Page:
Internal ConflictInternal conflict exists within the mind of a character who is torn between different courses of action.

Man vs. HimselfForeshadowingForeshadowing is the authors use of clues to hint at what might happen later in the story. Writers use foreshadowing to build their readers expectations and to create suspense. This is used to help readers prepare for what is to come.

Point of ViewPoint of View is the perspective, or vantage point, from which a story is told. It is the relationship of the narrator to the story.

First Person is told by a character who uses the first-person pronoun I.

Third-person limited is the point of view where the narrator uses third-person pronouns such as he and she to refer to the characters. The narrator knows the thoughts, feelings and motivations of ONE character

Third person omniscient is the point of view where the narrator knows the thoughts, feelings and motivations of MULTIPLE charactersThemeThe theme of a literary work is its central message, concern, or purpose.

A theme is always GENERAL. It applies to anyone, anywhere, at any point in time

MetaphorA Metaphor is a type of speech that compares or equates two or more things that have something in common. A metaphor does NOT use like or as.

Example: Life is a bowl of cherries.

SimileA Simile is another figure of speech that compares seemingly unlike things. Similes DO use the words like or as.

Example: Her voice was like nails on a chalkboard.

PersonificationPersonification is a figure of speech in which an animal, object, force of nature, or idea is given human qualities or characteristics.

Example:Tears began to fall from the dark clouds.

AlliterationAlliteration is the repetition of sounds, most often consonant sounds, at the beginning of words. Alliteration gives emphasis to words.Example: Peter Piper picked a peck of pickled peppers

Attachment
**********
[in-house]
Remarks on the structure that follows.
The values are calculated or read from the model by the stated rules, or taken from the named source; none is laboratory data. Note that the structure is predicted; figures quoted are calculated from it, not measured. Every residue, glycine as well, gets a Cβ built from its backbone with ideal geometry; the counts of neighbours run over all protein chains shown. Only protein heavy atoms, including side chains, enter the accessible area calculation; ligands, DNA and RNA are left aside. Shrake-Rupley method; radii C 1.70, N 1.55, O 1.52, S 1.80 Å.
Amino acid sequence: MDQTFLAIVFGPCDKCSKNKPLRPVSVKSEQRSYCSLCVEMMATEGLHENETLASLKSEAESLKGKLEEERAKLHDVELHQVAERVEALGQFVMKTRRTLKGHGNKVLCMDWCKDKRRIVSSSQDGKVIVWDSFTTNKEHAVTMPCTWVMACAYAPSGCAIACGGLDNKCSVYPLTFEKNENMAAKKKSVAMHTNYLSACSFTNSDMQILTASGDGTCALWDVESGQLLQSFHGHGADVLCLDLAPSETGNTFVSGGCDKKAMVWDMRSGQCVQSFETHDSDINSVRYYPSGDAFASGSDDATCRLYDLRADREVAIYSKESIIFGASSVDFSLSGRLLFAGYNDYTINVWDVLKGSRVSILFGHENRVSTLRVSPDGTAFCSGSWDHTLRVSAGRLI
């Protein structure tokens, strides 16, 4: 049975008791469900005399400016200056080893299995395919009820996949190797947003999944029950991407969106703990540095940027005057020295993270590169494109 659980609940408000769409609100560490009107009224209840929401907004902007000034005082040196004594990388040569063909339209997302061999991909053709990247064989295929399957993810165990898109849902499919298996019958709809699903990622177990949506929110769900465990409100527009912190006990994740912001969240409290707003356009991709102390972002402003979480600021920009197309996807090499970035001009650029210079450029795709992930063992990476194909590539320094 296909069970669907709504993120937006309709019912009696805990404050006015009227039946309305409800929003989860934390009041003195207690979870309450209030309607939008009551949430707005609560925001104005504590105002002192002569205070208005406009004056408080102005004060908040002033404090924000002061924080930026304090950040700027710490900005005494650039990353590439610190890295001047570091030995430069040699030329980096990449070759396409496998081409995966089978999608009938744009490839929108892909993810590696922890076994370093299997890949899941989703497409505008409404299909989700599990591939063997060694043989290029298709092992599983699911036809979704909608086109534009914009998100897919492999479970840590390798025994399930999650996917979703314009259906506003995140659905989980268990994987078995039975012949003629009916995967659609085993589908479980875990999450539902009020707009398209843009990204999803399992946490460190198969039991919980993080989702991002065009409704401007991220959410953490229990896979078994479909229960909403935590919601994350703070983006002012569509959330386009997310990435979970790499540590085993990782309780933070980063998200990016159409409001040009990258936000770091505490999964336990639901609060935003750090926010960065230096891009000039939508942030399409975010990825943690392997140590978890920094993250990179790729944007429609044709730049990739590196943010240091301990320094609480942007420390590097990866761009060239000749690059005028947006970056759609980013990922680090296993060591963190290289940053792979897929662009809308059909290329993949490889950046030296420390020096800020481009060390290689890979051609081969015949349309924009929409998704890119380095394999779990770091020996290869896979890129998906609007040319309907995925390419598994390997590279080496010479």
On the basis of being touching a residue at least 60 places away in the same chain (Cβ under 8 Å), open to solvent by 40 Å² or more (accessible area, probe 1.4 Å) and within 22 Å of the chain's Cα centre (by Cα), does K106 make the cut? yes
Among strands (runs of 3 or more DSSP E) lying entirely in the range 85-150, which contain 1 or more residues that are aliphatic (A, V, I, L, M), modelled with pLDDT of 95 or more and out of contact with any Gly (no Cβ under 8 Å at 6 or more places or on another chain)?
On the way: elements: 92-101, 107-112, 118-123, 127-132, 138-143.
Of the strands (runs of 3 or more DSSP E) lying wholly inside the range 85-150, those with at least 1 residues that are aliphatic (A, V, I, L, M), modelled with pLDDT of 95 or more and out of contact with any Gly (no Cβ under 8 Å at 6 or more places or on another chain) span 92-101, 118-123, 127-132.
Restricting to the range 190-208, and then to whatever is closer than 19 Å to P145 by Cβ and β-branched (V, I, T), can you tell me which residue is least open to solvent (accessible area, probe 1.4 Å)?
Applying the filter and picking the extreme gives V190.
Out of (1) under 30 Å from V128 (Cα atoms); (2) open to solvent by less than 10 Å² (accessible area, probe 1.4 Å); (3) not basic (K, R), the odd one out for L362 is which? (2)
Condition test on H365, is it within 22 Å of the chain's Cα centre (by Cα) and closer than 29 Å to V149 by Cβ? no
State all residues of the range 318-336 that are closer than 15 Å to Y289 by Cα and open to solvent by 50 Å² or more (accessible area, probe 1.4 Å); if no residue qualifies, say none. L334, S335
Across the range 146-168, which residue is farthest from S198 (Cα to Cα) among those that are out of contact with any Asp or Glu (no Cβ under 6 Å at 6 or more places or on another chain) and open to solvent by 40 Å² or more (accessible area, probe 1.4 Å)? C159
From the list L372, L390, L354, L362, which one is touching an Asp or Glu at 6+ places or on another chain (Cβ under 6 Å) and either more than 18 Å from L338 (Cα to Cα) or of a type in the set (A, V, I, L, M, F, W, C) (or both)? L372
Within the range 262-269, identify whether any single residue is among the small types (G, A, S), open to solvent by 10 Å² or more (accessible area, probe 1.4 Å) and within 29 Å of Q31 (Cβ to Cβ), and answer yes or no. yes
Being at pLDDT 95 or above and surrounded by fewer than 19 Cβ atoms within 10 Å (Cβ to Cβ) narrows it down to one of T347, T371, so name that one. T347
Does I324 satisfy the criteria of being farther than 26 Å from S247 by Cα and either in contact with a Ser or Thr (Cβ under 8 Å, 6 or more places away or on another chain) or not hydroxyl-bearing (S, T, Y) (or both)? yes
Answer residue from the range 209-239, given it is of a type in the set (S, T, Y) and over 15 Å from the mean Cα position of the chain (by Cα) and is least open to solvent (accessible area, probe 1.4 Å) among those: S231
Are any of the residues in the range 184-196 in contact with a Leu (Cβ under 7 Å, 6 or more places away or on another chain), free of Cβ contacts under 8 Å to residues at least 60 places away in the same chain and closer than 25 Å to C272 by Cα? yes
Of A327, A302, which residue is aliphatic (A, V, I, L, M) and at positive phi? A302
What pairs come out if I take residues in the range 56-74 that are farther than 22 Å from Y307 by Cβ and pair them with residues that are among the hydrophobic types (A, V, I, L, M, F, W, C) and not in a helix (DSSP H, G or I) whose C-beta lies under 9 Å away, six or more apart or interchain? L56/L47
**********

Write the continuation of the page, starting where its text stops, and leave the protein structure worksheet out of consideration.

FORM - the appearance of the words on the pageLINE - a group of words together on one line of the poem

STANZA - a group of lines arranged together

METERA pattern of stressed and unstressed syllables.Meter occurs when the stressed and unstressed syllables of the words in a poem are arranged in a repeating pattern.When poets write in meter, they count out the number of stressed (strong) syllables and unstressed (weak) syllables for each line. They they repeat the pattern throughout the poem.

METER cont.FOOT - unit of meter. A foot can have two or three syllables.Usually consists of one stressed and one or more unstressed syllables.TYPES OF FEET The types of feet are determined by the arrangement of stressed and unstressed syllables.

METER cont.TYPES OF FEET (cont.) Iambic - unstressed, stressed Trochaic - stressed, unstressed

FREE VERSE POETRYUnlike metered poetry, free verse poetry does NOT have any repeating patterns of stressed and unstressed syllables.Does NOT have rhyme.Free verse poetry is very conversational - sounds like someone talking with you.

A more modern type of poetry.

BLANK VERSE POETRYWritten in lines of iambic pentameter, but does NOT use end rhyme.from Julius Ceasar

Cowards die many times before their deaths;The valiant never taste of death but once.Of all the wonders that I yet have heard,It seems to me most strange that men should fear;Seeing that death, a necessary end,Will come when it will come.

RHYMEWords sound alike because they share the same ending vowel and consonant sounds.

(A word always rhymes with itself.)LAMPSTAMP

Share the short a vowel soundShare the combined mp consonant sound

46Activity: Rhyme group game

END RHYMEA word at the end of one line rhymes with a word at the end of another line

Hector the CollectorCollected bits of string.Collected dolls with broken headsAnd rusty bells that would not ring.

INTERNAL RHYMEA word inside a line rhymes with another word on the same line.

Once upon a midnight dreary, while I pondered weak and weary.

From The Raven by Edgar Allan Poe

NEAR RHYMEa.k.a imperfect rhyme, close rhyme

The words share EITHER the same vowel or consonant sound BUT NOT BOTHROSELOSE

Different vowel sounds (long o and oo sound)Share the same consonant sound

RHYME SCHEMEA rhyme scheme is a pattern of rhyme (usually end rhyme, but not always).

Use the letters of the alphabet to represent sounds to be able to visually see the pattern.

50Activity: Rhyme Scheme group gameCONSONANCESimilar to alliteration EXCEPT . . .

The repeated consonant sounds can be anywhere in the words

silken, sad, uncertain, rustling . .

ASSONANCERepeated VOWEL sounds in a line or lines of poetry.

(Often creates near rhyme.)

LakeFateBaseFade(All share the long a sound.)

REFRAINA sound, word, phrase or line repeated regularly in a poem.Quoth the raven, Nevermore.